Asbestos waste poisoning villages
West of Chaibasa, the headquarters of West Singhbhum district of Jharkhand, lie the Roro hills, home to an abandoned chrysotile asbestos mine. The Roro mines were closed down in 1983 after Hyderabad Asbestos Cement Products Ltd. (now Hyderabad Industries Limited) decided that they were no longer profitable.
Nearly 0.7 million tons of asbestos waste mixed with chromite-bearing host rock lies scattered here and there has been no environmental study conducted to assess the fate of this hazardous waste dumped improperly atop Roro hills. The waste material extends several meters below ground, spreading into the rice paddy fields around the foothills. About 40 centimeters of thick silty waste of crushed rocks spreads over the fields, poisoning the local residents.
The preliminary health survey of 14 villages around the Roro hills, with 45% of the respondents being former workers of the Roro asbestos mines, indicates a highly probable link between the asbestos exposures and several adverse health effects, such as low back pain, dyspnea (shortness of breath and difficulty breathing), hemoptysis (blood in the lungs, trachea, bronchi, or larynx), blindness, and cancer.
Old local newspaper clippings from Singbhumi Ekta, a weekly from Chaibasa, published between January and August 1981, include a press release from the late P. Mazumdar, the leader of the United Mine Workers Union (AITUC), which says that 30 workers from Roro mines had died of asbestosis.
The goal of this project was to found a stakeholder group that would communicate to the regional and national governments the severity of the issue. The committee would be comprised of community members, ex-workers, NGO representatives and journalists, among others; together, they would discuss and advise upon the issue of cleaning and rehabilitation of the site.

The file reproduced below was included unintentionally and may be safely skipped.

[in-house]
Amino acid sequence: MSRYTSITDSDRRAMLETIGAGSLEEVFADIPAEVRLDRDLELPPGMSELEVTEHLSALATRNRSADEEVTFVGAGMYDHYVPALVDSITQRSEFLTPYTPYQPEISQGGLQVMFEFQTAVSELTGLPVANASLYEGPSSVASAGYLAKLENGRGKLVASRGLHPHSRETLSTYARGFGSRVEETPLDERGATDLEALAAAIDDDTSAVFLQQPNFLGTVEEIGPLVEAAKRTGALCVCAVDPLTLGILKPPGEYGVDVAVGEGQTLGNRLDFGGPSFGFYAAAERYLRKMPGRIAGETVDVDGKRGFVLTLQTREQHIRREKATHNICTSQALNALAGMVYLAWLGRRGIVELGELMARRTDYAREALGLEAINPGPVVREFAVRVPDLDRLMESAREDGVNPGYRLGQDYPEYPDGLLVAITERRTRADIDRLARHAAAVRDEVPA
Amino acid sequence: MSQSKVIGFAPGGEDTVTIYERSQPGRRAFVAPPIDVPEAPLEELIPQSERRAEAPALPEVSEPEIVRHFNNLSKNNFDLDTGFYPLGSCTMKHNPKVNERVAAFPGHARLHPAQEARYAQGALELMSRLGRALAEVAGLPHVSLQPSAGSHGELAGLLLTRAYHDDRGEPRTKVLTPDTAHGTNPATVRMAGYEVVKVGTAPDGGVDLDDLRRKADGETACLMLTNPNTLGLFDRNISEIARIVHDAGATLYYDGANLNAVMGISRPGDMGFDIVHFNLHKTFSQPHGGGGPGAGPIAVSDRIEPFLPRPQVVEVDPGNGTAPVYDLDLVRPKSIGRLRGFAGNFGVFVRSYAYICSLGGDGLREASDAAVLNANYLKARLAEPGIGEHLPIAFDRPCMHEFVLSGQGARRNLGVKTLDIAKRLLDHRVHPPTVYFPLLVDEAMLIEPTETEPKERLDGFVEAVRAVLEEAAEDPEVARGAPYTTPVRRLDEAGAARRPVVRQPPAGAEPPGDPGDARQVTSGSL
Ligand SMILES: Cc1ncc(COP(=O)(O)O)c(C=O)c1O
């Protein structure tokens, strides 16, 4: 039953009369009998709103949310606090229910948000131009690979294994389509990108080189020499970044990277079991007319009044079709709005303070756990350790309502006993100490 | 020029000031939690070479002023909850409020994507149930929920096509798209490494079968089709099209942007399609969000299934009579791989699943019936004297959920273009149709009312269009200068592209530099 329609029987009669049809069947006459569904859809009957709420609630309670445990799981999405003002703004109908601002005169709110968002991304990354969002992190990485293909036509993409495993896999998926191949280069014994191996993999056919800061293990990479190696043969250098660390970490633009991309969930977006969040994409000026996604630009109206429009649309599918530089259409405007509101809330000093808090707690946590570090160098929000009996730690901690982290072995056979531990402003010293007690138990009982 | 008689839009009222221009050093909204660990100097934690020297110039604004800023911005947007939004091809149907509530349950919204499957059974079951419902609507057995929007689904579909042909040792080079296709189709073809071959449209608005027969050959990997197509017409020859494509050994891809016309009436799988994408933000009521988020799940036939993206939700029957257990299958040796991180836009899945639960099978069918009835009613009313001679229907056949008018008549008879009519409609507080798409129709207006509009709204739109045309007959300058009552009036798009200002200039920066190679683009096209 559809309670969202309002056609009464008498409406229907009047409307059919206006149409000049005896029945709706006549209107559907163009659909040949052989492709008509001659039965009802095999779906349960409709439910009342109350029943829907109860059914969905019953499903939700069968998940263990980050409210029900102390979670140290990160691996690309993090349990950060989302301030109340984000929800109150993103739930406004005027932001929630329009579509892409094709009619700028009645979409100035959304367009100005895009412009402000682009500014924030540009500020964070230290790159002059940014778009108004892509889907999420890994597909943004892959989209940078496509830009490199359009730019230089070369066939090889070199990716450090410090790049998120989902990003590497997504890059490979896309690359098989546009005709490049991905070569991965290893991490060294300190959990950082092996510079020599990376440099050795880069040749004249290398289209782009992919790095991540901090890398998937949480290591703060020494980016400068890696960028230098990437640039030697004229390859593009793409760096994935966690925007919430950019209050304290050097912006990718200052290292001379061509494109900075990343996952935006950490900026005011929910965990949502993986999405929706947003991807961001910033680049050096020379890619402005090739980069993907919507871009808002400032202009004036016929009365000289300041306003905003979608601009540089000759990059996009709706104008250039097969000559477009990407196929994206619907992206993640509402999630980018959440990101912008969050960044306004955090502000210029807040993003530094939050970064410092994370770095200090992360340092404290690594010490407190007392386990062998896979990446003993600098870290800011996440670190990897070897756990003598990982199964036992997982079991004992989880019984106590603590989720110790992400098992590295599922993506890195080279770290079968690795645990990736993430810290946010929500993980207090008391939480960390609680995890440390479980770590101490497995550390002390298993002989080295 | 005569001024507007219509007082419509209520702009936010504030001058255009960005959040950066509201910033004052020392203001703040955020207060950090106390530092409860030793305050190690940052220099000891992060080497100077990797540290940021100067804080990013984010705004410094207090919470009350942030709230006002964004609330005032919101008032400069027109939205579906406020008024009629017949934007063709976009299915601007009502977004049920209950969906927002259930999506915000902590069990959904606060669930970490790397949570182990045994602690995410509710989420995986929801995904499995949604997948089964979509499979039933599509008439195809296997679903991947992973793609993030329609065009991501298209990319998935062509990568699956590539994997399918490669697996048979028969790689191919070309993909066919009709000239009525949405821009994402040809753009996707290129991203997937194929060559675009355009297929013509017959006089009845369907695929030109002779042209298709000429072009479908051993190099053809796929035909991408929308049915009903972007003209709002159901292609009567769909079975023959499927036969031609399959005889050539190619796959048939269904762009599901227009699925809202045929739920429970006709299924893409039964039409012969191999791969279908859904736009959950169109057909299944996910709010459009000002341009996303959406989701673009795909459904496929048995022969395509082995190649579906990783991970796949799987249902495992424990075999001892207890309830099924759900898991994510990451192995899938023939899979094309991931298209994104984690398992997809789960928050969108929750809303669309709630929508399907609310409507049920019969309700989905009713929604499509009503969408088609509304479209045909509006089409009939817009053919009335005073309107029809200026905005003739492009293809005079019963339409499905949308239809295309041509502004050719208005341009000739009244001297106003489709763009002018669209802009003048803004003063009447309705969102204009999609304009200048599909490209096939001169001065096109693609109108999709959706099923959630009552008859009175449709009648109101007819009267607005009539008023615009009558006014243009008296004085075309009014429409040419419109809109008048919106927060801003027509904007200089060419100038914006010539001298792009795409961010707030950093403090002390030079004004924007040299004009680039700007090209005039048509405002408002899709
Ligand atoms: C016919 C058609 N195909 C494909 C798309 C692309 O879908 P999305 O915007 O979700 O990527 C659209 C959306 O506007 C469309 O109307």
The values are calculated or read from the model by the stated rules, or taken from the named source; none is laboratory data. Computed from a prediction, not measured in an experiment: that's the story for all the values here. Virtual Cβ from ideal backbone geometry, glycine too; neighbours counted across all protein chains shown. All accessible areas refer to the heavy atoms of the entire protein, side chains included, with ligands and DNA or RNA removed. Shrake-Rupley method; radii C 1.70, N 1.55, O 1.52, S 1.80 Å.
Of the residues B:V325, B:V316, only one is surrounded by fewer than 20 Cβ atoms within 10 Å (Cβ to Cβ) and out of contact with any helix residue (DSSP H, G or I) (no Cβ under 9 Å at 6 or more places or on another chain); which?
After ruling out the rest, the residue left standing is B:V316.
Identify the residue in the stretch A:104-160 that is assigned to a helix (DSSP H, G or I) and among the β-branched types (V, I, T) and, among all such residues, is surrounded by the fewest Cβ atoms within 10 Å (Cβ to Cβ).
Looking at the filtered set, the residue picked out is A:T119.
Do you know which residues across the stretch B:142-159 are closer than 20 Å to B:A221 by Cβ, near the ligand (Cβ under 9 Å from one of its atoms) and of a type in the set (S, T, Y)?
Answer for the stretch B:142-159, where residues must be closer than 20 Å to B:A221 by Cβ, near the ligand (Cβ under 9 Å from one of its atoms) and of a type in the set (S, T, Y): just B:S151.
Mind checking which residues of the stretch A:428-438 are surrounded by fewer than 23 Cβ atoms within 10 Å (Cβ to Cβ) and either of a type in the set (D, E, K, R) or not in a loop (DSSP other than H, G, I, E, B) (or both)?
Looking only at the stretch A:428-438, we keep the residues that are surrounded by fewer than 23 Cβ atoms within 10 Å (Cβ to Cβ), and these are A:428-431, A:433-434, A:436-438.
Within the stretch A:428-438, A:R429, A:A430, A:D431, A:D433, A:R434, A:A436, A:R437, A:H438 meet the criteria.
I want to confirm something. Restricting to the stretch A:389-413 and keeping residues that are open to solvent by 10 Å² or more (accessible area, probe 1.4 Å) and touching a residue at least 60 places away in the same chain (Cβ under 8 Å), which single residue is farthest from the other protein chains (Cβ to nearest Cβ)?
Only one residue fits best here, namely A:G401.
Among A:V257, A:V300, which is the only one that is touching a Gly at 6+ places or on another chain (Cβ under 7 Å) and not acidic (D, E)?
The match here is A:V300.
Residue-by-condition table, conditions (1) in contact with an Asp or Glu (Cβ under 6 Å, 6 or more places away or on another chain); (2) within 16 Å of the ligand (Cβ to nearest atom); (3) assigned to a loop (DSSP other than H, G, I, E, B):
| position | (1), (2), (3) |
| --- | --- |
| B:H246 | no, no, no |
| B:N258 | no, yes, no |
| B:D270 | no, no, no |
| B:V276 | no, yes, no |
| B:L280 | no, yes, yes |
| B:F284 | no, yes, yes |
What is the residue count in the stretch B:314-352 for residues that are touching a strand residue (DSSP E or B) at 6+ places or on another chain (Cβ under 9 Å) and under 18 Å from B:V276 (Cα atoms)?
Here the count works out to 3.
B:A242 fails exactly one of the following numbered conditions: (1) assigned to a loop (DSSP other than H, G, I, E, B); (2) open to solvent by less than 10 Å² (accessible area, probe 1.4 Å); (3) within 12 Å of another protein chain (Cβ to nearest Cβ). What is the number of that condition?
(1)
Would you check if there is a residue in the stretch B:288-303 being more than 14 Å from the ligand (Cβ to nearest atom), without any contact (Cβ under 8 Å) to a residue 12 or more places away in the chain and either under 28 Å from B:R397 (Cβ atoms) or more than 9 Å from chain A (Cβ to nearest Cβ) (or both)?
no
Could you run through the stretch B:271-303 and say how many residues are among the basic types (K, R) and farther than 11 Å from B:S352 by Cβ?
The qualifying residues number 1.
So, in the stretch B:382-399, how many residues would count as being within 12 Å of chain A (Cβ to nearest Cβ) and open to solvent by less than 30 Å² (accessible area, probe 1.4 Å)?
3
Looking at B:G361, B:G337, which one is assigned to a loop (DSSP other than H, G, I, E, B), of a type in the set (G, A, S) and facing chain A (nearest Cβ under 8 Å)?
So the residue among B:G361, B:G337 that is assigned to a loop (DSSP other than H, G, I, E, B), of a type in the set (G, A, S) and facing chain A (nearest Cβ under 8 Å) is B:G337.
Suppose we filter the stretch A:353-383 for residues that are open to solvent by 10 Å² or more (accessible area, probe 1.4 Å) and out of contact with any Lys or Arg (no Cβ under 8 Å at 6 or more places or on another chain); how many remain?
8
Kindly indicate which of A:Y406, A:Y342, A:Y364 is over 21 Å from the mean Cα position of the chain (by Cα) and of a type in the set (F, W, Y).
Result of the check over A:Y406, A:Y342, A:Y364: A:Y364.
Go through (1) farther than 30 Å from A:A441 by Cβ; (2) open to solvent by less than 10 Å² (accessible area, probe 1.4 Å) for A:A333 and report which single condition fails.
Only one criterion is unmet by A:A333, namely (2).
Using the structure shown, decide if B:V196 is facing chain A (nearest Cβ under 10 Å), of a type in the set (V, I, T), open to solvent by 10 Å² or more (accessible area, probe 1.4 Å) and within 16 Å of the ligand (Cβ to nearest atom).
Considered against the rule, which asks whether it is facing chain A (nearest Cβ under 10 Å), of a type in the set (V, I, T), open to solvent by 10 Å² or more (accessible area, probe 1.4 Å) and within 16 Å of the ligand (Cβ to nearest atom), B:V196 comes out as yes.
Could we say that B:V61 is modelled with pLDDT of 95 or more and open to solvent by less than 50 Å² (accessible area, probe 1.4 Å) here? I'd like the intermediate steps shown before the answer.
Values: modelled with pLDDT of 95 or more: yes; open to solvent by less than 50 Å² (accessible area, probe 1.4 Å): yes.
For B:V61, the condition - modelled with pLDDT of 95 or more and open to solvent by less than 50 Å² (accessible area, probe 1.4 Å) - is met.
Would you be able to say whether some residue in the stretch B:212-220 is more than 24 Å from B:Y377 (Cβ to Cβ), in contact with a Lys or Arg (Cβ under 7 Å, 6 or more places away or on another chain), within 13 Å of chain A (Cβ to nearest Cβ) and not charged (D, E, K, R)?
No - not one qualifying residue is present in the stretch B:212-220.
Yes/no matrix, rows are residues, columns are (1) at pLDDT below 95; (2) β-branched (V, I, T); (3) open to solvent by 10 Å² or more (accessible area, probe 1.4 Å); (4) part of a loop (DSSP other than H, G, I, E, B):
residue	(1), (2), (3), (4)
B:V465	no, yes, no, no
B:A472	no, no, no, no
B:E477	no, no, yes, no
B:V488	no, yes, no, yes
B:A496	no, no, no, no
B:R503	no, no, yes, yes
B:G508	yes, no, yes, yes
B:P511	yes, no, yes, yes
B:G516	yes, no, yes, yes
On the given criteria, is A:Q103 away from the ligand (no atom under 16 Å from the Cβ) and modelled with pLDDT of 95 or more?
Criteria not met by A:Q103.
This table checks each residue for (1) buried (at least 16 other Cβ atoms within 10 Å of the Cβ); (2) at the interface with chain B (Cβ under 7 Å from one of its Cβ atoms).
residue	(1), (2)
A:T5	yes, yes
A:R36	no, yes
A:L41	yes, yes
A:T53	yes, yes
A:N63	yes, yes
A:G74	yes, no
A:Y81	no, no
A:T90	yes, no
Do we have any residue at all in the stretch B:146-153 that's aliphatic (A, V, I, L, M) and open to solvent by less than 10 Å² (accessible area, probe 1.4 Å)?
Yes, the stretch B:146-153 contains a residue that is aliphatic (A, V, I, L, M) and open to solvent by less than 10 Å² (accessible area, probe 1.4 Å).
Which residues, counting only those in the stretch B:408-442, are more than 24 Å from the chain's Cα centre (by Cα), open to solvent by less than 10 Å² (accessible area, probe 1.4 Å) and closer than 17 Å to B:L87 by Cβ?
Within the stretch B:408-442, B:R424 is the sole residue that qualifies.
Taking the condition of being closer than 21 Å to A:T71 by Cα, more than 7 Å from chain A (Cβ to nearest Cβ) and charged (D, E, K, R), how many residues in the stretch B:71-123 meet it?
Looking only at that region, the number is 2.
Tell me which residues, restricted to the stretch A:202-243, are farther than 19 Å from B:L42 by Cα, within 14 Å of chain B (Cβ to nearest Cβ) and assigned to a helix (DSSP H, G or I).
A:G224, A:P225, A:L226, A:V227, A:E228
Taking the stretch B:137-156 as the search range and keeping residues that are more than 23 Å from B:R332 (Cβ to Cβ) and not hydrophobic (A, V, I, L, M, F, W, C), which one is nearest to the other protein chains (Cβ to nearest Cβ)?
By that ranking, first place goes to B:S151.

Asbestos contamination threatening the lives of this remote community is under planning for containment and safe disposal by a stakeholders group initiated and funded by Blacksmith institute. The hills around Roro are literally covered with asbestos dumped from extinct industry, and children play soccer and toboggan amongst the white landscape. Needless to say, lung cancers and other respiratory problems within the region are sky high. This stakeholders group, working with all key agencies, is the first effort initiated in this region to design a solution to this extensively contaminated area.
Future work in the site includes a number of elements. Mine reclamation will involve tree planting, wire netting, and water harvesting. To further these activities, assessments of the following will be performed: asbestos waste quantity, degree of underground developments, analysis of underground water, vicinity of other mines, availability of electricity and water, local infrastructure, and number of affected people.